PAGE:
The symptoms characteristic of arsenic poisoning differ depending on whether exposure has been acute (a large dose given in a short period of time) or chronic (smaller doses over a longer period of time) (11). Arsenic in a single dose of 200-300 mg is often fatal, but sublethal, smaller amounts can lead to a plethora of effects after intermediate (several weeks to months) or longer (years) exposures.

Almost every physiological system can be adversely affected by arsenic if the dose is high enough and prolonged (11, 20, 21, 23). However, intermediate-term exposure to unusually high but naturally occurring levels in drinking water produces a very characteristic skin pathology and cardiovascular disease. The effects on skin have been dramatically illustrated in the news with pictures of citizens from Bangladesh having callus-like growths all over their extremities (a.k.a. palmoplantar hyperkeratosis), changes in skin pigmentation, and skin lesions (7) . This pathology, which has also been noted in South America, was prevalent in areas where rural inhabitants were drinking shallow ground water containing high levels of arsenic. Another pathology, noted in rural inhabitants of Taiwan and Chile, is blackfoot disease, a cardiovascular pathology akin to gangrene (21). Again, the affected inhabitants were drinking ground water with extraordinary levels of naturally occurring arsenic.

Acute exposures leading to arsenic intoxication may be first manifested as a flushing of the skin or or as contact dermatitis (severe skin irritation) (11). Symptoms would show up within days of exposure depending on the dose. Overexposure could lead to neurological symptoms of disorientation, headache, tremor, or convulsions. Gastrointestinal symptoms from overexposure range from abdominal pain to vomiting and bloody diarrhea. Bear in mind, however, that arsenic poisoning, unless extraordinary as in the case of intentional poisoning, will not result in symptoms immediately but will take a few days or longer to appear. Thus, simply handling or touching CCA-treated wood would not result in acute symptoms.

Prolonged exposure to high levels of arsenic in drinking water and in the workplace has been associated with several kinds of cancer, including skin, lung, and bladder (5, 22). The deduction of an association with cancer comes strictly from human epidemiological studies.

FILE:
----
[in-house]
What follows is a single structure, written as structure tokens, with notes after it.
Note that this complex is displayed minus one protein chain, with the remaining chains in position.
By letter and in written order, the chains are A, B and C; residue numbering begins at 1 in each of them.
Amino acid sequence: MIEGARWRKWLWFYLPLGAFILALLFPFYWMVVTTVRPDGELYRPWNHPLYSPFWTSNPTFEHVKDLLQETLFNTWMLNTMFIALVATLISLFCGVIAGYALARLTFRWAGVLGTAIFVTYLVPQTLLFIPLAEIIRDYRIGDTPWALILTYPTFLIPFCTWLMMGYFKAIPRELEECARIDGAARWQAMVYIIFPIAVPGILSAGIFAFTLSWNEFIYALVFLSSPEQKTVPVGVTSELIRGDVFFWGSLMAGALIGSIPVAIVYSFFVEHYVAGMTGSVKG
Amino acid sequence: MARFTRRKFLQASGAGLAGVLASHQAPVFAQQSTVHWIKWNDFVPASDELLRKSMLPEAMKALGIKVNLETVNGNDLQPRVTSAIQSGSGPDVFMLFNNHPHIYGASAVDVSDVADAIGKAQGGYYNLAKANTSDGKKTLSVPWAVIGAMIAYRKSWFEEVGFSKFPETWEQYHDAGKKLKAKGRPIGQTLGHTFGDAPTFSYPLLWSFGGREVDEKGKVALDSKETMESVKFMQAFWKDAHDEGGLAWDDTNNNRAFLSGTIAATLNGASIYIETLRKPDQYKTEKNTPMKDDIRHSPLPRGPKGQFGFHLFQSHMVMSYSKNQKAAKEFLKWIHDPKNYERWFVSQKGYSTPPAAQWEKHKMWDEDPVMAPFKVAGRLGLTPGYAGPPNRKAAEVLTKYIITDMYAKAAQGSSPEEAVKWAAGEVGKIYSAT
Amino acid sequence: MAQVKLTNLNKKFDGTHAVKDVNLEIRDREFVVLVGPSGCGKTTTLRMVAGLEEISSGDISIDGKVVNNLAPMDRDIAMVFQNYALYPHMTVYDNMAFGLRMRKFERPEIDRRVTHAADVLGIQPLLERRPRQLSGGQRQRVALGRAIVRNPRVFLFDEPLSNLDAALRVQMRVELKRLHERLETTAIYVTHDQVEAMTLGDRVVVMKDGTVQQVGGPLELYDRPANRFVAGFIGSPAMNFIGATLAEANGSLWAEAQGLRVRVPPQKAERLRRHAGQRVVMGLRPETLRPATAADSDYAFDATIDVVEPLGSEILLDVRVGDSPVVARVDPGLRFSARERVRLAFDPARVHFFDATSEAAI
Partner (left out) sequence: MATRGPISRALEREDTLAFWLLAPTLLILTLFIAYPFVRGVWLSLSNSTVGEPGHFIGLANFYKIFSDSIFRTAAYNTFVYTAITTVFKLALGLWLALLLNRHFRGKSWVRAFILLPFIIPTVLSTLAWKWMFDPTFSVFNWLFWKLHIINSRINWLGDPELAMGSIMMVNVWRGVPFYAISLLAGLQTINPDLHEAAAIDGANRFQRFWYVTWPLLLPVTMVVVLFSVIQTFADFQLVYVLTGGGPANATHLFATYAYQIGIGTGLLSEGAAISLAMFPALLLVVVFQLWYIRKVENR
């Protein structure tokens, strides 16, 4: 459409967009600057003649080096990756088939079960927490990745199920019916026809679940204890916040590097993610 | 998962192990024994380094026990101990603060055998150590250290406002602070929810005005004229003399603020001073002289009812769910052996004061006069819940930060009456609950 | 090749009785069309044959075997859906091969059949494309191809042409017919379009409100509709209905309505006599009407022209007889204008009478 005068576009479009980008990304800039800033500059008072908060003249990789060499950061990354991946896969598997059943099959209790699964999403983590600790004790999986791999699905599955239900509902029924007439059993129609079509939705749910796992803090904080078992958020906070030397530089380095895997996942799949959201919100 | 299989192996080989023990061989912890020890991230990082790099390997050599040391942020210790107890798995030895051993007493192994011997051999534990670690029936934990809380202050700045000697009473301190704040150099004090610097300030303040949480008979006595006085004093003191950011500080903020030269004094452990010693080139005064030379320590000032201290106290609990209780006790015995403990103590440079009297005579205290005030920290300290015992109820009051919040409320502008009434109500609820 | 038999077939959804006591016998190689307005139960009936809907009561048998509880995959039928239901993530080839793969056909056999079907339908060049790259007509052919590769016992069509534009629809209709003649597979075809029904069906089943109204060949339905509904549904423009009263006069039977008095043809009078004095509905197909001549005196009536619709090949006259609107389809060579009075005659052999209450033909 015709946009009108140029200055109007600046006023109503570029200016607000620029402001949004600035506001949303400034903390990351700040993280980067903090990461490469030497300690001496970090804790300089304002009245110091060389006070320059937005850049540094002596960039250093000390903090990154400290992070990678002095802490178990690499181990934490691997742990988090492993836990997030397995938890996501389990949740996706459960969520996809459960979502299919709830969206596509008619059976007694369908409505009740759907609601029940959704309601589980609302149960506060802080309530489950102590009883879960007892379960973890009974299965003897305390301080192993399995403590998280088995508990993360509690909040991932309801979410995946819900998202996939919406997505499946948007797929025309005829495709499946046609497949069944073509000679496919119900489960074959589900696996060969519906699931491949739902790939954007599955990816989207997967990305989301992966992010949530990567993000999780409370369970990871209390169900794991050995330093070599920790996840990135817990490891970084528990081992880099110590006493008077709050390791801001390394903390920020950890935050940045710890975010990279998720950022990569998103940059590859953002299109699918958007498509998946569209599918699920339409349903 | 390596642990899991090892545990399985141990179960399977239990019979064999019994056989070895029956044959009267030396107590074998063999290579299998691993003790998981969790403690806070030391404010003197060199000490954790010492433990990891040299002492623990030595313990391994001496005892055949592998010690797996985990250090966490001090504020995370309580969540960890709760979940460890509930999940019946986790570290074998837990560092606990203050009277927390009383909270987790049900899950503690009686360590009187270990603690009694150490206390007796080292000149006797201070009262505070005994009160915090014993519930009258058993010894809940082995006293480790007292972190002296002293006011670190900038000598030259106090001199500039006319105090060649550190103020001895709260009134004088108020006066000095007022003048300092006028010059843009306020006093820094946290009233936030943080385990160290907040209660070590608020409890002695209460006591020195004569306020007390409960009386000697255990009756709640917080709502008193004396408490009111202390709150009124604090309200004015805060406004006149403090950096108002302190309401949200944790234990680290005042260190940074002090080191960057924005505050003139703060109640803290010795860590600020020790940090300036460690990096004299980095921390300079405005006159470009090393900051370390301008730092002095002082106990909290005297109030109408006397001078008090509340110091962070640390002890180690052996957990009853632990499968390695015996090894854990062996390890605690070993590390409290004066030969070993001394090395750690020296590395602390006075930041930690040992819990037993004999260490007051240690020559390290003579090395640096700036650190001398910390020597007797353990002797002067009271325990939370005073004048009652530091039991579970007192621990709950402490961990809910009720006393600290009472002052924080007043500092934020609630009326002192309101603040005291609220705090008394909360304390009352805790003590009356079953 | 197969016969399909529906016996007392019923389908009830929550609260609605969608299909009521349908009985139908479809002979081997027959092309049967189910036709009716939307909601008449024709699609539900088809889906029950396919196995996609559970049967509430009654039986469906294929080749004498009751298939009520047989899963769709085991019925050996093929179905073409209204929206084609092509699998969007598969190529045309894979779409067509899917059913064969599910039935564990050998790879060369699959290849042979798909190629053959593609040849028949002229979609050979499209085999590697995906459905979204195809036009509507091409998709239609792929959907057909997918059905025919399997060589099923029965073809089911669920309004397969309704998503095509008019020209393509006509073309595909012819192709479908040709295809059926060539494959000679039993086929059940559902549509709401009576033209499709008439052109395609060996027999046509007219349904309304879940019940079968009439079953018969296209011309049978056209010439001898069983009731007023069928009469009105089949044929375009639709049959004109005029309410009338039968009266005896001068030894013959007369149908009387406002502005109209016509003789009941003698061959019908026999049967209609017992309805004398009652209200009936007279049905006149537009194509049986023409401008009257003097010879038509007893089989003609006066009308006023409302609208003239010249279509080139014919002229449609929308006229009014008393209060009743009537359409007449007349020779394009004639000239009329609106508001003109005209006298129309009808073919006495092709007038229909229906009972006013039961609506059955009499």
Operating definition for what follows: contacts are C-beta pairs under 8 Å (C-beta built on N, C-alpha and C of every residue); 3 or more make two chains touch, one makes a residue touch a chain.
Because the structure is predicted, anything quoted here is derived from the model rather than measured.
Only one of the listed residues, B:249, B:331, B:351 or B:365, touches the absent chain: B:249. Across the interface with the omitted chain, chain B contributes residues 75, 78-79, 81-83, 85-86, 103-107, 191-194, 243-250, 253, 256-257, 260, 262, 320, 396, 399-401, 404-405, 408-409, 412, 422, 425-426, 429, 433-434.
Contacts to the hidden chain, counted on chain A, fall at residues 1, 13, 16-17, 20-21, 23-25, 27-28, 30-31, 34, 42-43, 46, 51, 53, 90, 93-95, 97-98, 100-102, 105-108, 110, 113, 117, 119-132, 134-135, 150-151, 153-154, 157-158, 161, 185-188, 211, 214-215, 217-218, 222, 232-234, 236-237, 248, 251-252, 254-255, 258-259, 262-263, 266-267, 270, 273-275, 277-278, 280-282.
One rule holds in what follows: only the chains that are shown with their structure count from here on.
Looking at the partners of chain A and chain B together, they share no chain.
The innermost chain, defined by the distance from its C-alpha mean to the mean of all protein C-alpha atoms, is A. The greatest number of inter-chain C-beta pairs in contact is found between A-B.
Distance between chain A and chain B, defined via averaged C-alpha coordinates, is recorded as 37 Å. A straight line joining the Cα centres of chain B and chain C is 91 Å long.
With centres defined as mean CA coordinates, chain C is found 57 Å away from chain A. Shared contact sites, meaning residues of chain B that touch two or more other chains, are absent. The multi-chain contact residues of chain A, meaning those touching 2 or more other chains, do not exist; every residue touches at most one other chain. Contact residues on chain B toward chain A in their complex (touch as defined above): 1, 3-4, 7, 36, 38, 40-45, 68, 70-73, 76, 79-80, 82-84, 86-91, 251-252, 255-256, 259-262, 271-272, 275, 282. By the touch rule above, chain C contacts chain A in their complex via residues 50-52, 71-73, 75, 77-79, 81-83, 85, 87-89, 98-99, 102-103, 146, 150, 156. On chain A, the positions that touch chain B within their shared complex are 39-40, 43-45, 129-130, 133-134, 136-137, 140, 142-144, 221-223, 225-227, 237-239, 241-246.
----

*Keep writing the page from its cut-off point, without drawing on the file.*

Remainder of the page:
Arsenic Hazards Are Dose-Related

From the above brief summary of a few of the more graphic effects of arsenic on humans, you may be thinking that this naturally occurring compound is Mother's Nature's joke on us. I was amazed at the number of physiological systems affected by arsenic to the point of wondering whether all human ills might not be ascribed to arsenic exposure. From womb to tomb, we are exposed unavoidably to arsenic. Yet non-occupational arsenic poisoning is comparatively rare in the Western world.

Once again, dose is everything with regard to human toxicity for the simple reason that, following typical exposures, As does not accumulate in tissues and is fairly rapidly excreted. Thus, to assess the hazards from being exposed to environmental arsenic (whether the exposure is from food, water, or treated wood), a little background on arsenic fate in the body is necessary.

When ingested, As can be efficiently absorbed by the intestines (~80% of dose) in most cases and will quickly appear in the blood. Studies with dogs have shown that As ingested in soil is poorly absorbed by the intestine with an efficiency of only about 8% of the delivered dose (12). However, if exposed on the skin, only about 2-6% of the dose can be absorbed within 24 hours (22); in other words, skin makes a good protective barrier to As intake.

As(V) is the most prevalent form found in food, water, and treated wood. Once it gets into the blood it is quickly reduced to As(III). However, the liver rapidly detoxifies As(III) by transforming it to organic forms called monomethylarsonic acid (MMA) and dimethylarsinic acid (DMA). These methylated metabolites are significantly less reactive and toxic than inorganic As and are rapidly excreted to give an overall As half-life (i.e., the time to excrete 50% of a dose) in the body of about 30 hours (31).

The toxicity to rodents of a single oral exposure supports the idea that As is more toxic to humans than to other animals (Table 1). If 200-300 mg can be lethal to a human, then a 70-kg male responds with an LD50 less than 3-4 mg/kg. Indeed, human exposures as low as 0.28 mg/kg from prolonged daily use of arsenic-containing medicines can produce symptoms of mild poisoning (8).


Acute oral toxicity of inorganic and organic forms of arsenic (References 8, 31)
Compound, Form if Specified)


LD50 (mg/kg)
Sodium Arsenite, As(III) solution


Sodium Arsenite, As (III) dry powder


Sodium Arsenite, As(III) solution


Monomethylarsonic Acid, MMA


Dimethylarsinic Acid, DMA